By Allan Myers
At the end of the section of this week’s parasha dealing with the regulations concerning priests, comes the following verse:
“You shall not profane My Holy Name, but I will be sanctified among the children of Israel.”
This tells us not to engage in chillul Hashem – profaning God’s name.
The question is, how can we, who are not holy, possibly be able to profane or indeed sanctify God’s name? Surely, if we sanctify God, we are merely imitating Him. God surely doesn’t have to rely on us for His holiness.
Nechama Leibovitz says that you have to distinguish between the holiness of God and the holiness of His name. We do things in God’s name when we realize that we are insignificant in God’s presence and that He has sovereign power over us.
The Midrash in Pesikta de Rav Kahana sees God telling us: “You are my witnesses…that before me no God had been formed, neither shall there be any after me”. According to Rabbi Shimon Bar Yochai, God is saying: “If you are my witnesses, then I am He but if you are not my witnesses, then I am, as it were, not God”. In other words, God’s power can only be appreciated if there is someone to see it, someone to hear it or someone to feel it.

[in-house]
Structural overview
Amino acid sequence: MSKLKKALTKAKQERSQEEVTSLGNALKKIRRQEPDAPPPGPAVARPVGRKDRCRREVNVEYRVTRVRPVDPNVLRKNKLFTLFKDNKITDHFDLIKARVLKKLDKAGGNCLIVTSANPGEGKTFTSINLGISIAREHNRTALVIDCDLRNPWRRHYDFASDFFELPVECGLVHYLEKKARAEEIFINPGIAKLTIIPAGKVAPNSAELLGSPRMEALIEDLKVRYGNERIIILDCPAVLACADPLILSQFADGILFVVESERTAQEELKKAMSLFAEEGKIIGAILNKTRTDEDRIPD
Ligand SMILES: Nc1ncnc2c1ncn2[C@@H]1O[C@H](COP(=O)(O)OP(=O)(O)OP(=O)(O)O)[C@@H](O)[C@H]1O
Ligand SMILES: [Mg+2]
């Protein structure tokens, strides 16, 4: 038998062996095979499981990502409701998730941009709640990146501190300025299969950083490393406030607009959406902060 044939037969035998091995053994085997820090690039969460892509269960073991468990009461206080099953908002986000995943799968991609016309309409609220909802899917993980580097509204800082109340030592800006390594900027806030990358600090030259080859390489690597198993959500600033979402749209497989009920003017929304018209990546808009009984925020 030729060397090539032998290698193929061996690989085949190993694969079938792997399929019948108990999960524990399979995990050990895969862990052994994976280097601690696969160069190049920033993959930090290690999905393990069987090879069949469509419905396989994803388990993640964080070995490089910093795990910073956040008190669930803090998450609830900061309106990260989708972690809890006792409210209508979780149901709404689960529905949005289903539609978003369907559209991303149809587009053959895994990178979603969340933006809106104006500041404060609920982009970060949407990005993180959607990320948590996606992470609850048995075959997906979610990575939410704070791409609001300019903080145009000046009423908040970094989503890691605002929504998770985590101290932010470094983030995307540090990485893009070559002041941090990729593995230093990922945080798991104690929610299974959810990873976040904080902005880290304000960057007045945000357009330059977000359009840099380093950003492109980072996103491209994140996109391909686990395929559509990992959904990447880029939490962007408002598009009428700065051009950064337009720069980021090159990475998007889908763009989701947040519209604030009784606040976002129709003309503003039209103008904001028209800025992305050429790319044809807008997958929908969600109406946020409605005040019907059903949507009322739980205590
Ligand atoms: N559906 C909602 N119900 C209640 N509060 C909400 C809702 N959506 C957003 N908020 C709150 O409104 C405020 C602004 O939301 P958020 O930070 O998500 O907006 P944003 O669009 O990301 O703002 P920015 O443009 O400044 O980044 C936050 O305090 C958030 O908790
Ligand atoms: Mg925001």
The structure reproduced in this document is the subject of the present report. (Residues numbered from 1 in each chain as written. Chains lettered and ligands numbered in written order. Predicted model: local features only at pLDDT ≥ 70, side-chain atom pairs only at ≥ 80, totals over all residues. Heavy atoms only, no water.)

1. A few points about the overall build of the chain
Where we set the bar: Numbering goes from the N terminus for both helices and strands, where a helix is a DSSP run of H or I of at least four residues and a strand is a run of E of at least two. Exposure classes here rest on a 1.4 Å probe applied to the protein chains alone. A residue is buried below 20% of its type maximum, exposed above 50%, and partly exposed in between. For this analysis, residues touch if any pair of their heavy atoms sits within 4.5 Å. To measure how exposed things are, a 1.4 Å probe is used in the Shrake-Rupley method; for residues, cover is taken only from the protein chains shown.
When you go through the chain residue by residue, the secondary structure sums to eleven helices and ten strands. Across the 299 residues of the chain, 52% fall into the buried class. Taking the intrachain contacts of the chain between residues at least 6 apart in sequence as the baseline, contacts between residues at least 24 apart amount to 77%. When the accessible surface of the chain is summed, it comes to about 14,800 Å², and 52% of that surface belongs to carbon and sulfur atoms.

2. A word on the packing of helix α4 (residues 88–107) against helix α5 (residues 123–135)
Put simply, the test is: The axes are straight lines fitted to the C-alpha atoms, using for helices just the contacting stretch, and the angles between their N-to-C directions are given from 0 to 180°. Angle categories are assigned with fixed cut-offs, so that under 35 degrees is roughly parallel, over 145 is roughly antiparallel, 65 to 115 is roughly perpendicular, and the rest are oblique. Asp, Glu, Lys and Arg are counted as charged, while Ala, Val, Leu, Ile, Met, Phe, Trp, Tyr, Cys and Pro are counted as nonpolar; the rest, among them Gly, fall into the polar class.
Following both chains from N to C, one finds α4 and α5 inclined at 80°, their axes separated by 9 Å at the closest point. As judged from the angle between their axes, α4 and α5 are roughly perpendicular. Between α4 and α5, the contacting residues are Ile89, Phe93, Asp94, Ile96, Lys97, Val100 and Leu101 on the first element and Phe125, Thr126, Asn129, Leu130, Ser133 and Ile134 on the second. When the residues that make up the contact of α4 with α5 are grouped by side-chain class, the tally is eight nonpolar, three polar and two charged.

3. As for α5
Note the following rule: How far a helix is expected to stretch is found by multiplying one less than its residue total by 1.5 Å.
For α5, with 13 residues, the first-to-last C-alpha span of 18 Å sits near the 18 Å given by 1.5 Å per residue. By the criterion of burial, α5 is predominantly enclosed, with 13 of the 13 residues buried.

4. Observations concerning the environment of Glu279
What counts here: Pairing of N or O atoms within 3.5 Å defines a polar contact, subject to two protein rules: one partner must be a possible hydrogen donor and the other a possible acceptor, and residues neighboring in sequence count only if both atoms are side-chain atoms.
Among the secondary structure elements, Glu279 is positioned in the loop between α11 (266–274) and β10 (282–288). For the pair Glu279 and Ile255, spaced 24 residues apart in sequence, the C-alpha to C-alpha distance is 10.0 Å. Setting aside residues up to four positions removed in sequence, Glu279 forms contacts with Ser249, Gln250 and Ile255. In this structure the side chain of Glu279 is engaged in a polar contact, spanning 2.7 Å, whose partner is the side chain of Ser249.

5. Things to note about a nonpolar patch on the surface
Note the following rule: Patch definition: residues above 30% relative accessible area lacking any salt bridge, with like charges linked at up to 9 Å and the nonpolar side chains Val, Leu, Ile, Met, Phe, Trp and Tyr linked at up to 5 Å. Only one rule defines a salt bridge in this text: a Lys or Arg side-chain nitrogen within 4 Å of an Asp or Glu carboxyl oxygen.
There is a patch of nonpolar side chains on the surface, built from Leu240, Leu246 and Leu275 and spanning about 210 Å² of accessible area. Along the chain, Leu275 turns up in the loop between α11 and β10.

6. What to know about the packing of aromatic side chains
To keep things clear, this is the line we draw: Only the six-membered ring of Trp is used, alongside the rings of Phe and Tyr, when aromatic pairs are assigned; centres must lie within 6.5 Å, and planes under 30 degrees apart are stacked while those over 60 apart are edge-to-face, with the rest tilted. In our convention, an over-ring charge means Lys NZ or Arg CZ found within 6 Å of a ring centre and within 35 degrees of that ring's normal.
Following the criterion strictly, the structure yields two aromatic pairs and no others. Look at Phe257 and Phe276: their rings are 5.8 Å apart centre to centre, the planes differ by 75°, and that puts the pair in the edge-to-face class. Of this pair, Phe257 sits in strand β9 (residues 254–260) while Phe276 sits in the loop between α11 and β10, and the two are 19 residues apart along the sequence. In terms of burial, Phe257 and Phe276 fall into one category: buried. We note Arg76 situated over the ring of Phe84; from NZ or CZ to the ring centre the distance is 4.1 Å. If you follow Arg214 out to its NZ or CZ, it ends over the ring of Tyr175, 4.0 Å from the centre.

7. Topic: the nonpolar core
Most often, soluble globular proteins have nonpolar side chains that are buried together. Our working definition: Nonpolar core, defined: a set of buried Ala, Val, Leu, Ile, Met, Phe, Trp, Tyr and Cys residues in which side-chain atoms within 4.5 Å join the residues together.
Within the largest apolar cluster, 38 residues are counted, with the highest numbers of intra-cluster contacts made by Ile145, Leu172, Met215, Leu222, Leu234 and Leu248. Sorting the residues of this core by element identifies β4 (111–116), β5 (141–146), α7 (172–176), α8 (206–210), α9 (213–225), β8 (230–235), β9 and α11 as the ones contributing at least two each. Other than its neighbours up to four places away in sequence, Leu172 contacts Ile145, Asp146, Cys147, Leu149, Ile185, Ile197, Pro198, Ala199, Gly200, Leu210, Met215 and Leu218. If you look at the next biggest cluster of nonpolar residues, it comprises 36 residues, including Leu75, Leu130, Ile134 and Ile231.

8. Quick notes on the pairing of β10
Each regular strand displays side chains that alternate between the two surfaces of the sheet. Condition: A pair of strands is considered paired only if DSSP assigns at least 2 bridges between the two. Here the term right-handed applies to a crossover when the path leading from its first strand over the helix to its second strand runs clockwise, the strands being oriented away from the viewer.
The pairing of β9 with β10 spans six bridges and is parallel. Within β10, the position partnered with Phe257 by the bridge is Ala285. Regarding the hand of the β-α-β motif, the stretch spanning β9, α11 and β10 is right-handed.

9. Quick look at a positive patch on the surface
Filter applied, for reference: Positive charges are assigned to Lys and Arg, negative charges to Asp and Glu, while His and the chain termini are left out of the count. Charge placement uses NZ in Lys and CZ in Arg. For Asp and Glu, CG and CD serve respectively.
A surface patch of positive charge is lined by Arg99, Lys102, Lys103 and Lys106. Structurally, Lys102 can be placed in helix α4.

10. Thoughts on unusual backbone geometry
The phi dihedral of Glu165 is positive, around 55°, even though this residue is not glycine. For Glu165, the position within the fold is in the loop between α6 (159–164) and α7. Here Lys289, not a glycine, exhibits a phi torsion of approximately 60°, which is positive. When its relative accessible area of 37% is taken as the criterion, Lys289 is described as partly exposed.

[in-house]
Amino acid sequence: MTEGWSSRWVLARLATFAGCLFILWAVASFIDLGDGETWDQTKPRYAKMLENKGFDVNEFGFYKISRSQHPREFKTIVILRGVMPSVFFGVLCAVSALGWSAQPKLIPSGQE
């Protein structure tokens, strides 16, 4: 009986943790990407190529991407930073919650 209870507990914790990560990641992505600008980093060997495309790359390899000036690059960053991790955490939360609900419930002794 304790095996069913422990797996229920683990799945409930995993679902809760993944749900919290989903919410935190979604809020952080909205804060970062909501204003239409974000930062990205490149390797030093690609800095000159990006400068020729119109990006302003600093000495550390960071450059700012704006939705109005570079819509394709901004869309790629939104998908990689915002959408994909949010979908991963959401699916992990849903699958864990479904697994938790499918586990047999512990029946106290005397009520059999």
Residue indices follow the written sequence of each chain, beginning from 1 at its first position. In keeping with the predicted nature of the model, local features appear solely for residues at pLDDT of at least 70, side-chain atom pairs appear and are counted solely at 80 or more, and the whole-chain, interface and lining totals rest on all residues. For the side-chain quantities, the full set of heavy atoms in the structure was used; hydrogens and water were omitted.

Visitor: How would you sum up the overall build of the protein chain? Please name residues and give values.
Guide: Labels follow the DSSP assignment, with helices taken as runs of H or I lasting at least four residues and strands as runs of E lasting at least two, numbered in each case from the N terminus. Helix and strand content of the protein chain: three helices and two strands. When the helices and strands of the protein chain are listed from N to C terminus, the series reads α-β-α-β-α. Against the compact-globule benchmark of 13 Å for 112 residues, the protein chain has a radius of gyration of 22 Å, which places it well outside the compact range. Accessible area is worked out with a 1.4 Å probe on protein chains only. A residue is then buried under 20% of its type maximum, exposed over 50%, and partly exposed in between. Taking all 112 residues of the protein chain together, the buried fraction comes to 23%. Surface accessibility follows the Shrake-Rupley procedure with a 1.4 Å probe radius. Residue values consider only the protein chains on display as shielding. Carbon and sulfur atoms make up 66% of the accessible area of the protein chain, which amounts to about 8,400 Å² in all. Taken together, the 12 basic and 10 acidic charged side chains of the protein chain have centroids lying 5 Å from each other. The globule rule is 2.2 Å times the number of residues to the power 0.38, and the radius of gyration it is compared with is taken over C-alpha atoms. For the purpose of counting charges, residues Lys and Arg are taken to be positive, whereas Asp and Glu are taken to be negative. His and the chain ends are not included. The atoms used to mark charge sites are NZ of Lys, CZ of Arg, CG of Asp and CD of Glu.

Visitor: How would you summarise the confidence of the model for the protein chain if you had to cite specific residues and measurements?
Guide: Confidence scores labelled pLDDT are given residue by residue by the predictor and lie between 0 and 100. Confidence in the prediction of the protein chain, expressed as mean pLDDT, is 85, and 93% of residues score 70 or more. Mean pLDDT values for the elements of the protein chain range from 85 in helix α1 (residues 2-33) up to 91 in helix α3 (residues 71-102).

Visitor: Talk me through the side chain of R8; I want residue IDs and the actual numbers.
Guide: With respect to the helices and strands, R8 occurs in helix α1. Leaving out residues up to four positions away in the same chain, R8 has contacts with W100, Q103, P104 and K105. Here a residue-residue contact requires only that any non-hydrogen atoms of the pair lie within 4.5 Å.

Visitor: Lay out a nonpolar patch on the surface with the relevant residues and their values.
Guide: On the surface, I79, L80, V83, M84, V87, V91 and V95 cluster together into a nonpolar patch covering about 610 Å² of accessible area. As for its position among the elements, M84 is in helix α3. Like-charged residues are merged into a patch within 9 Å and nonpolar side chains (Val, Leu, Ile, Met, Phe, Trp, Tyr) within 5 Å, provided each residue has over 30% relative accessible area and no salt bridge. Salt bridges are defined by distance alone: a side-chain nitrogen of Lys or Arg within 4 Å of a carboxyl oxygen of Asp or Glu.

How do you carry out that task of sanctifying God’s name and being a witness to his great might and power? By only living as a witness to him and not engaging in unethical activities, because they profane God’s name.
In extreme circumstances, this can mean that we have to give up our life rather than profane God’s name. Usually, we can break any law in order to preserve a life, but we are never allowed to engage in idolatry or immorality. And, even though the Torah says chai b’hem – you shall live by the commandments – in other words, don’t carry out any mitzvah if it would endanger life, this principle is superseded if it would cause us to commit murder or engage in idolatry or immorality. You can’t even say that you are doing it in order to preserve a person’s life. Even if you think you could disingenuously worship an idol, you must refuse – otherwise your persecutor might think that you had given up Judaism.
None of us knows how we would react if forced to do something which is a chillul Hashem. I’m sure I wouldn’t be strong enough to refuse to do it. But many of us are only here because somebody refused to give up their Judaism – they refused to be downtrodden but chose, instead, to find a better place to live, whether that place was Canaan rather than Egypt, Babylon rather than Judea, Italy rather than Spain, Russia rather than Germany or Britain rather than Russia.
We should never forget that our forebears had to make a choice that, happily, most of us here never have to make – to choose life over persecution.
Allan Myers is a member of Edgware Masorti Synagogue